Why do ferrous and titanium alloys have a fatigue limit but others don't?
Question has Expired
Do you mean why do ferrous and titanium alloys have an endurance limit, i.e. if the stress doesn't exceed the endurance limit the fatigue life is effectively infinite?
The reason is that below the endurance stress level, some components of the alloy (e.g. carbon in steel alloys) prevent the dislocations from moving and therefore prevent micro-cracks from growing. If you exceed the endurance limit the dislocations can still move and the fatigue life is "used up"..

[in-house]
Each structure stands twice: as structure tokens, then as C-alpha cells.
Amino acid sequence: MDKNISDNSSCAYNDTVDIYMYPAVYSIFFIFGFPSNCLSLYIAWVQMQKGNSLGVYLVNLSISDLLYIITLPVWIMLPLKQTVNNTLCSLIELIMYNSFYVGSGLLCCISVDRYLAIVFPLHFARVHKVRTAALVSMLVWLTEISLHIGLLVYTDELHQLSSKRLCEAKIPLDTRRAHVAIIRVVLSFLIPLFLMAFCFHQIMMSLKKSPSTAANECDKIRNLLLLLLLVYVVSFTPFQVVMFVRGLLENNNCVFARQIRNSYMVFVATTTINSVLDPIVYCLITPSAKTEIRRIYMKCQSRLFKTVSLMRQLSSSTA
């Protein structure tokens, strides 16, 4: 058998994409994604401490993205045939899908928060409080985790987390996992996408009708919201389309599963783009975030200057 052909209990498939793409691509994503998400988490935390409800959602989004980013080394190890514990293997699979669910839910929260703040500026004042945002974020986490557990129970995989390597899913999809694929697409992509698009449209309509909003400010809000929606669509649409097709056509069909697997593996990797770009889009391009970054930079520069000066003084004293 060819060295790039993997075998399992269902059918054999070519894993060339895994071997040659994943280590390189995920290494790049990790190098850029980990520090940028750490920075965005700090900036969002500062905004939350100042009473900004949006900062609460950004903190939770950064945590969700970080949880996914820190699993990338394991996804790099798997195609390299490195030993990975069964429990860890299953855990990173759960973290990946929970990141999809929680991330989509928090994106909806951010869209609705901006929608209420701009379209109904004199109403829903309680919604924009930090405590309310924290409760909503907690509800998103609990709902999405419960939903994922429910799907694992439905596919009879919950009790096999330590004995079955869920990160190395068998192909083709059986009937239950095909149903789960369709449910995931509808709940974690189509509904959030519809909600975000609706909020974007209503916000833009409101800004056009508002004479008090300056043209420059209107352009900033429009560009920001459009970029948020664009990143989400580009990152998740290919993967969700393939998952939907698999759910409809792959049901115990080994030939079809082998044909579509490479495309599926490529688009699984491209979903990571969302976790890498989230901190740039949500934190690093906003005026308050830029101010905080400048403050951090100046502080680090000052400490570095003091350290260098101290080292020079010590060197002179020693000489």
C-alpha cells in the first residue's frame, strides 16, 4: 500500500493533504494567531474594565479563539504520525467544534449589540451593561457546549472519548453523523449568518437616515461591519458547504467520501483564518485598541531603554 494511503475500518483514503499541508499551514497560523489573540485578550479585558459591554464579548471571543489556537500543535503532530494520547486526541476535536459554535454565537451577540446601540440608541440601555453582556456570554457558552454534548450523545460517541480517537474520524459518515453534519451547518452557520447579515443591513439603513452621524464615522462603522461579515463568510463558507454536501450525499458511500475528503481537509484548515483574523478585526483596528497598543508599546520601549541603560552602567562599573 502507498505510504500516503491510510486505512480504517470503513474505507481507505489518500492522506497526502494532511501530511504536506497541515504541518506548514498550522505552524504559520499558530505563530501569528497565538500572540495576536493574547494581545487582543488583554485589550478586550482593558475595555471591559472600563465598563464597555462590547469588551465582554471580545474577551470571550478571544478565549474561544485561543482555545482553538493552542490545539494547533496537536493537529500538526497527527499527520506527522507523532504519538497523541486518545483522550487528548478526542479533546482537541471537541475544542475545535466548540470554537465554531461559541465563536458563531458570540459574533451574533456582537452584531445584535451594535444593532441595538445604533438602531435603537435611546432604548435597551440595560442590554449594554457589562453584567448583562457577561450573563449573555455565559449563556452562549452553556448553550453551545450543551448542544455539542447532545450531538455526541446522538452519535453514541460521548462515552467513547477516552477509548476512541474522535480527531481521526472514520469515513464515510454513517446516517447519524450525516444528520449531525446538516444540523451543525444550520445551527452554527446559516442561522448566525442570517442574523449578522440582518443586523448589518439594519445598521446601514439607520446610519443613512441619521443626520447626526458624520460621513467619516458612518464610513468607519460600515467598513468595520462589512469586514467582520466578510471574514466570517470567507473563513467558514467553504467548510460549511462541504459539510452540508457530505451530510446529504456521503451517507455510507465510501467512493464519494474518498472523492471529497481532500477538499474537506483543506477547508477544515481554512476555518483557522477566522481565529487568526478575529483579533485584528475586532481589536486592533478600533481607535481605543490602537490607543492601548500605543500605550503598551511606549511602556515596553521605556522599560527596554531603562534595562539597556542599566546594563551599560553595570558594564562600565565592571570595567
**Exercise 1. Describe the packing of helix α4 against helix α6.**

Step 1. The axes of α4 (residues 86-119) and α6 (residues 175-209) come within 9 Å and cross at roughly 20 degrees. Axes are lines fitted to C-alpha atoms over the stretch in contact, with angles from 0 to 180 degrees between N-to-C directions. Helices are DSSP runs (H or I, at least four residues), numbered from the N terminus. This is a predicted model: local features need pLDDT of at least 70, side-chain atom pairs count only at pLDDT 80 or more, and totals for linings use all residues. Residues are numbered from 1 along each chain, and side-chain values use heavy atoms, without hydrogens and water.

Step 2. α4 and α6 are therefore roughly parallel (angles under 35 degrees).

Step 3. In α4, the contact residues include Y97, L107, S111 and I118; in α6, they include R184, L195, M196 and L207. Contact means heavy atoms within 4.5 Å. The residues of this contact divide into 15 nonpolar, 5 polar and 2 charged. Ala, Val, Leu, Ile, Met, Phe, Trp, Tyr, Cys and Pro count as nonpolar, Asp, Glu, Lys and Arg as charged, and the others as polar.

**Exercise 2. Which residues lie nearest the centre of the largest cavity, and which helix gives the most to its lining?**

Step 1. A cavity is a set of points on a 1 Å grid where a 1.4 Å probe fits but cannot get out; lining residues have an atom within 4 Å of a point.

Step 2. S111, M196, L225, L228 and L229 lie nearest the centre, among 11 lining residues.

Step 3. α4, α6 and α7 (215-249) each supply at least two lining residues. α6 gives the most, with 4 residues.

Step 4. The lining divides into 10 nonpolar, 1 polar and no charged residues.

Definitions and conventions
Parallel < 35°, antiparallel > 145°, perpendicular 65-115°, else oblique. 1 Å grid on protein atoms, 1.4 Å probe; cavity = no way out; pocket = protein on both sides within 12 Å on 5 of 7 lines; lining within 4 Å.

For alloys like magnesium and copper there is no corresponding structures in the alloys, so the material will eventually fail in fatigue however low the stress level is. Usually components in these materials are designed to a stress level that gives a fatigue life of 10^8 or more cycles.